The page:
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Iran's science minister spurs dormant student movement

Conservative members of Iran's parliament have issued a warning to Iran's science minister for hiring individuals deemed close to the 2009 Green Movement.
Dr. Faraji Dana claps as Iranian President Mohammad Khatami receives his honorary international relations doctorate in Tehran.  Dr. Faraji Dana (R), president of Tehran University, claps as Iranian President Mohammad Khatami receives his honorary international relations doctorate from Tehran University April 27, 2005. REUTERS/Morteza Nikoubazl - RTR9DQU

Reza Faraji Dana, Iran's minister of science, research and technology, has received a warning card from parliament. Faraji Dana is the second member of the new cabinet — after Minister of Education Ali Asghar Faani — to be called to parliament to answer questions in an open session. His answers about his hirings, however, did not satisfy conservative members of parliament (MPs), resulting in the warning card. Any MP who receives three warning cards, known as yellow cards in Iran, is automatically impeached.

Conservatives in the Iranian parliament have targeted Faraji Dana for hiring individuals apparently sympathetic to the 2009 Green Movement protests. But what may really concern conservative Iranian MPs is the role he can play as minister of science in revitalizing Iran’s dormant but potentially explosive student movement.

Faraji  Dana had received a vote of confidence from parliament by a rather low margin in the first place, having been nominated only after President Hassan Rouhani’s first choice, Jafar Milimonfared, was denied a vote of confidence. Rouhani’s second choice, Jafar Towfighi, temporarily assumed the position as a caretaker, but was never nominated given conservative MPs' negative view of his political past.

Conservative MPs in parliament first became alarmed when Milimonfared and Towfighi were hired by Faraji  Dana to work under the Ministry of Science. They also objected to the appointment of other individuals, such as Mojtaba Sadighi as the head of the student organization and Saeed Semnanian as chairman of the board of trustees and censorship board in the Ministry of Science. The MPs objected to the hirings because these individuals were supporters of the Second Khordad Front and had worked for the campaign of Reformist candidate Mir-Hossein Mousavi in the 2009 presidential election.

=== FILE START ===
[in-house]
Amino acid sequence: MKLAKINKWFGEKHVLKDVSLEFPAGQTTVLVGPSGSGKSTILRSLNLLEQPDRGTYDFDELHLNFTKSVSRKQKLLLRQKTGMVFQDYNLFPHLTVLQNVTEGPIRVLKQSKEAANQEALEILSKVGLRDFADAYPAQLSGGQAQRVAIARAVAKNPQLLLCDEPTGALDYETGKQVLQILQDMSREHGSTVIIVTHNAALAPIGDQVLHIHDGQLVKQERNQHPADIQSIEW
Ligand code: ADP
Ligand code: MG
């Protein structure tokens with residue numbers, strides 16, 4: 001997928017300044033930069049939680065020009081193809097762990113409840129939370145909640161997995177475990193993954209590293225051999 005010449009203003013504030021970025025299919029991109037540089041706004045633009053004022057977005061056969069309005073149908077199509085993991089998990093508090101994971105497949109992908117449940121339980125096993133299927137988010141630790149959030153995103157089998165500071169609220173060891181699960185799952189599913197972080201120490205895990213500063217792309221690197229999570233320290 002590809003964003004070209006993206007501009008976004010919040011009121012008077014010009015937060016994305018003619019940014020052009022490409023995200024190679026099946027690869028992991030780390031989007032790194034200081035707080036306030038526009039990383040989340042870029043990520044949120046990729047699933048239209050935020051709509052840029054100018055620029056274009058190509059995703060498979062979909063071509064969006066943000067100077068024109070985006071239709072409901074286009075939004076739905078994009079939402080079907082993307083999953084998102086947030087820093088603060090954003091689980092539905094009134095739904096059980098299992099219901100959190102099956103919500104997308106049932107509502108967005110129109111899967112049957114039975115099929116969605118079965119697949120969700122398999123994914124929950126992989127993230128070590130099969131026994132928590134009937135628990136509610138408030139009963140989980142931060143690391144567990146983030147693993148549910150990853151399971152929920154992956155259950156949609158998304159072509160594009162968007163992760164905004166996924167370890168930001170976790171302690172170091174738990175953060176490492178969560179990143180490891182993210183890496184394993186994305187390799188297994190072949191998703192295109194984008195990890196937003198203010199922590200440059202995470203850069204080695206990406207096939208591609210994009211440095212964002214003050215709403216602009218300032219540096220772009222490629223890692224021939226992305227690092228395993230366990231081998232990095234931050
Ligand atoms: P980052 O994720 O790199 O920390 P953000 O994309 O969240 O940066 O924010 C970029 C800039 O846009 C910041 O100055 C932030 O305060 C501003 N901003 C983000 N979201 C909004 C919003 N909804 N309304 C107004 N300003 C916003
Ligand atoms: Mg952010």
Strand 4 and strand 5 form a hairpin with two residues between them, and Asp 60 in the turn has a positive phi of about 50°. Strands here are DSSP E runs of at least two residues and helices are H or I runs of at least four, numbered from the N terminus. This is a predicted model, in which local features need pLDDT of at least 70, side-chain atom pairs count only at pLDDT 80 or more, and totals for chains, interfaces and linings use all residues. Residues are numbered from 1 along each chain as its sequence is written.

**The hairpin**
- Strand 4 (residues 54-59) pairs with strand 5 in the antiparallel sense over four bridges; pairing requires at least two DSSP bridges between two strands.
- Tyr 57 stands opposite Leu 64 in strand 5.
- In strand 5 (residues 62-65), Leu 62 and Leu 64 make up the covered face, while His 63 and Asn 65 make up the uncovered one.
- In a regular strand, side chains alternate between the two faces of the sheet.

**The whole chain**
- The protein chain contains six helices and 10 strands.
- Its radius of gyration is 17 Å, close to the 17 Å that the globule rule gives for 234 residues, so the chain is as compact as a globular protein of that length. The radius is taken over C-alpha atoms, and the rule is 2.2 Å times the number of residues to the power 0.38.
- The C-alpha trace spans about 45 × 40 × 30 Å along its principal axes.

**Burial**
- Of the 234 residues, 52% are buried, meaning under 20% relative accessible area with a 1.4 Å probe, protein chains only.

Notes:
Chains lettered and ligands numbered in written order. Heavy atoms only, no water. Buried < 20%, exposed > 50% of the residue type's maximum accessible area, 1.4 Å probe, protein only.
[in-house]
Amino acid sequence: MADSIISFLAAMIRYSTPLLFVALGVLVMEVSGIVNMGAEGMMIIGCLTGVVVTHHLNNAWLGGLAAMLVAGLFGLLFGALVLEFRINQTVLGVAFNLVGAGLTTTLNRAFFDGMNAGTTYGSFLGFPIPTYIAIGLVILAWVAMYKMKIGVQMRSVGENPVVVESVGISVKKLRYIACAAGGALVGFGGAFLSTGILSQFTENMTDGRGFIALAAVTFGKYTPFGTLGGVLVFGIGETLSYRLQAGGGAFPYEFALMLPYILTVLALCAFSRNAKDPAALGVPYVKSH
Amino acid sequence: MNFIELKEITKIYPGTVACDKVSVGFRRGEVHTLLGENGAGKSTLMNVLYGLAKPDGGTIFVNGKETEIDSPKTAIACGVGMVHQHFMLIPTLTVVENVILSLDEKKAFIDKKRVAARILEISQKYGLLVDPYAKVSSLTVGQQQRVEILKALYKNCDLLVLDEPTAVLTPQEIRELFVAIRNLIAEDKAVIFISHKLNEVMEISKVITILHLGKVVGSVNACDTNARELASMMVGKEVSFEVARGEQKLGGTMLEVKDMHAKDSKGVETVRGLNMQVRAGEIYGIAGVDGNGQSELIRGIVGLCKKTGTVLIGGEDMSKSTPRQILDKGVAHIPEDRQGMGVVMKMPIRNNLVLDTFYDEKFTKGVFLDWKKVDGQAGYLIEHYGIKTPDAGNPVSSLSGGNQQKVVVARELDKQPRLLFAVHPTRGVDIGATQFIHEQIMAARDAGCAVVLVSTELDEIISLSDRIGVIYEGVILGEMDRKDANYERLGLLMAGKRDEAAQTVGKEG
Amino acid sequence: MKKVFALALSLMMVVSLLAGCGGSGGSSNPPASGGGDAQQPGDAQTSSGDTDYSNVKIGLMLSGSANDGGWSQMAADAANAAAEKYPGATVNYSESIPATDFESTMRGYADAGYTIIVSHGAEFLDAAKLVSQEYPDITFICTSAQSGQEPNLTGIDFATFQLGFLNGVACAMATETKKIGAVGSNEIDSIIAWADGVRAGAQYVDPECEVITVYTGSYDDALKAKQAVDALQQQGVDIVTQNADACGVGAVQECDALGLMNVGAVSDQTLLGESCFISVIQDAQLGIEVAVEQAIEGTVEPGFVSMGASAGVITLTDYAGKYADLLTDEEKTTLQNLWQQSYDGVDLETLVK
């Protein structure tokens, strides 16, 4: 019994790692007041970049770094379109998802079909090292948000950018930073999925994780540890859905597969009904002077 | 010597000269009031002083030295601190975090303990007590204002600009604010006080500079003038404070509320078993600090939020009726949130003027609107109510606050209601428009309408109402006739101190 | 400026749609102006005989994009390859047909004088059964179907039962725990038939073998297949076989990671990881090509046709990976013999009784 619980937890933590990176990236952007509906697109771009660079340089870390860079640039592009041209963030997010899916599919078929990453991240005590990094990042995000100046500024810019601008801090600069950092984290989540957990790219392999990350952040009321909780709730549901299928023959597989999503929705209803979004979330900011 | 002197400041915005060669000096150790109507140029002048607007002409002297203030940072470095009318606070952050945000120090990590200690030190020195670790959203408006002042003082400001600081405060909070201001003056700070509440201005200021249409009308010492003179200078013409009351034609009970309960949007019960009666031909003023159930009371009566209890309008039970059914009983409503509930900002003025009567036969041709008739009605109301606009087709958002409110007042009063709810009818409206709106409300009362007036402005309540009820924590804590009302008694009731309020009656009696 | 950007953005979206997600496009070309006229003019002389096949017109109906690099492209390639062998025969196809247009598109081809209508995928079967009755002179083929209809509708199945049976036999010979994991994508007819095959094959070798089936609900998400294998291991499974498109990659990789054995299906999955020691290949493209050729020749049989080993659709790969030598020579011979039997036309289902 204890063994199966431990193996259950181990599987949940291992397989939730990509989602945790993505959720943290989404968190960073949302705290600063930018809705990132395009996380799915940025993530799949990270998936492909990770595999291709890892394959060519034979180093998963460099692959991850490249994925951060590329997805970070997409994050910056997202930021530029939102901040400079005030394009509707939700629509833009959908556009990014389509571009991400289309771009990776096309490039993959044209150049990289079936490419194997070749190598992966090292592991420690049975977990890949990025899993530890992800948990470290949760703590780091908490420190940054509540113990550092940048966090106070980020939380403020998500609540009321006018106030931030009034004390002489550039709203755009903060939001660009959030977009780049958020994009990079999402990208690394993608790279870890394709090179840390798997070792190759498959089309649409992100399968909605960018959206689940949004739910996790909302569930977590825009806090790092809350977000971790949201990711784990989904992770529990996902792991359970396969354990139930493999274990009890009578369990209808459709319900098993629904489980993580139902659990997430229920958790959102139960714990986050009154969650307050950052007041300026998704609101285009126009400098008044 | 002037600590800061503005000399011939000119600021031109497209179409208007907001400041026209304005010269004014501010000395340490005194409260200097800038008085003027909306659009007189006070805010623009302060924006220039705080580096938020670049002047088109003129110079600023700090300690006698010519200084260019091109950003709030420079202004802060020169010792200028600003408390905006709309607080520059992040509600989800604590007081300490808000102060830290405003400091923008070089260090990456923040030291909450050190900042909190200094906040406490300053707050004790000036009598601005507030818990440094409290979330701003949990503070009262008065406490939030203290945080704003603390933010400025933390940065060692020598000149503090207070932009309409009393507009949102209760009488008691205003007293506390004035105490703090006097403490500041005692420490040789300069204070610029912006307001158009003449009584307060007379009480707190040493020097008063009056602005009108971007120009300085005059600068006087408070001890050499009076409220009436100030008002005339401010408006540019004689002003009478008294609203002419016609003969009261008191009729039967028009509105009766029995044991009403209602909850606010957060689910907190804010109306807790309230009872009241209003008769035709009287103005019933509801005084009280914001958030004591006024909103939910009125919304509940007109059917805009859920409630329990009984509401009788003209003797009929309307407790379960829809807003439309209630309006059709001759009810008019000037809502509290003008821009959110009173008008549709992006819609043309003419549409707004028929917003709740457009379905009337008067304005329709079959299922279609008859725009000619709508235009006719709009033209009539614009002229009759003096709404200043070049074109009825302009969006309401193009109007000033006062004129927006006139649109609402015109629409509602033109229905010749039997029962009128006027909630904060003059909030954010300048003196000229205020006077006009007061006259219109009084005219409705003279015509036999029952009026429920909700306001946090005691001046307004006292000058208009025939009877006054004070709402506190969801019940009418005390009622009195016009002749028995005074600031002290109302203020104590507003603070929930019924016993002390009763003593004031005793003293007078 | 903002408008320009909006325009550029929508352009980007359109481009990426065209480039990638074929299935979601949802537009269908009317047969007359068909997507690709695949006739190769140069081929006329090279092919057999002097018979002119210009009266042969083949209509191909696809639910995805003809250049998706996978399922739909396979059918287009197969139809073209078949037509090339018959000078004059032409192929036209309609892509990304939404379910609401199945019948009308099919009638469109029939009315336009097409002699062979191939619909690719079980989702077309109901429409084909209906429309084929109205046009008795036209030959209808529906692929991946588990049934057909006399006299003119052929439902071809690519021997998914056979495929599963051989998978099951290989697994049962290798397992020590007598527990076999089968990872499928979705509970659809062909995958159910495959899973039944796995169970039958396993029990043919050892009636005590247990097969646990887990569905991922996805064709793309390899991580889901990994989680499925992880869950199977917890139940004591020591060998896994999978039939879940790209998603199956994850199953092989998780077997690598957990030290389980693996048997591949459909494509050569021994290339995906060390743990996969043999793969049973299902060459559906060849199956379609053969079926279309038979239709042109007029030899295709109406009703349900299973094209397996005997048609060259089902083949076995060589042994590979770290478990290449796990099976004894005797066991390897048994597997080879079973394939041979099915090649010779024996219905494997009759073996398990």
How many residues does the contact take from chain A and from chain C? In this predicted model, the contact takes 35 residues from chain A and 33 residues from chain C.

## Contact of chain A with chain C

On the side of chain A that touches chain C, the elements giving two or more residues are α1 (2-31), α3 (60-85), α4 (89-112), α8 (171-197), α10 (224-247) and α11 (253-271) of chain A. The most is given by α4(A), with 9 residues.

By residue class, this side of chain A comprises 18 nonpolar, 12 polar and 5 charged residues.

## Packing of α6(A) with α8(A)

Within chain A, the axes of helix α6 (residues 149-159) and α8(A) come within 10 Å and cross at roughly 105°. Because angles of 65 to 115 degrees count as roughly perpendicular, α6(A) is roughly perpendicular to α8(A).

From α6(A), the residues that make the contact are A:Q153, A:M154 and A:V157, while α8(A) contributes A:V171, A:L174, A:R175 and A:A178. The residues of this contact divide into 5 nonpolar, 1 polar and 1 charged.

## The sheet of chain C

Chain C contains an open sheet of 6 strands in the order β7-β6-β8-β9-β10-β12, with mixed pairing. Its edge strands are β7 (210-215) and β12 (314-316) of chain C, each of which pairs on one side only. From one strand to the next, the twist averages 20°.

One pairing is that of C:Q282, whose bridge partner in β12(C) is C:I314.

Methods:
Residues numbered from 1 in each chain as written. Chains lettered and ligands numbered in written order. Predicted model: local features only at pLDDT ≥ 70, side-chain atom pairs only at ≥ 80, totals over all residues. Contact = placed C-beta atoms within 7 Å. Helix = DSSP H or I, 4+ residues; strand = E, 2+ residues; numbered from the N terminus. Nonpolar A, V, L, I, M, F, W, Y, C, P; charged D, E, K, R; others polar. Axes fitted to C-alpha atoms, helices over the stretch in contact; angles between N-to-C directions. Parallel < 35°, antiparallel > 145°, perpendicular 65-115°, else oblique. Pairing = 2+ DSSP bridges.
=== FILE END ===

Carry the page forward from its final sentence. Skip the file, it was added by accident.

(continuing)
MPs critical of the hirings also claim that the Ministry of Intelligence has not approved the individuals mentioned above. This, however, is debatable. Some of the officials of the Ministry of Science, like Towfighi, believe that the ministry’s internal appointments do not require the approval of Harasat (an intelligence agency related to the Ministry of Intelligence). The minister of intelligence, when summoned by the parliament, also declined responsibility.

Faraji Dana responded to the MPs in the open session by saying that if he finds reliable evidence that someone has taken an active part in the sedition — a label used by the government for the 2009 public demonstrations — or has worked toward toppling the establishment, then he would fire them. He then suggested that none of his chosen colleagues can be accused of such actions. He did not clarify his definition of sedition and what he considers reliable evidence.

What worries the conservatives in parliament, the security organizations and the Principlists in general is the revival of the student movement.

Iran's student movement is the traditional and historical focal point of all political actions seeking reform and democracy. During the eight years of Mahmoud Ahmadinejad’s presidency, especially during his second term, the student movement went through a tough period of repression and arrests. There was a decline in its protest activities. Ever since Rouhani's election, there have been expectations of a renewal of activities and the defense of academic freedom.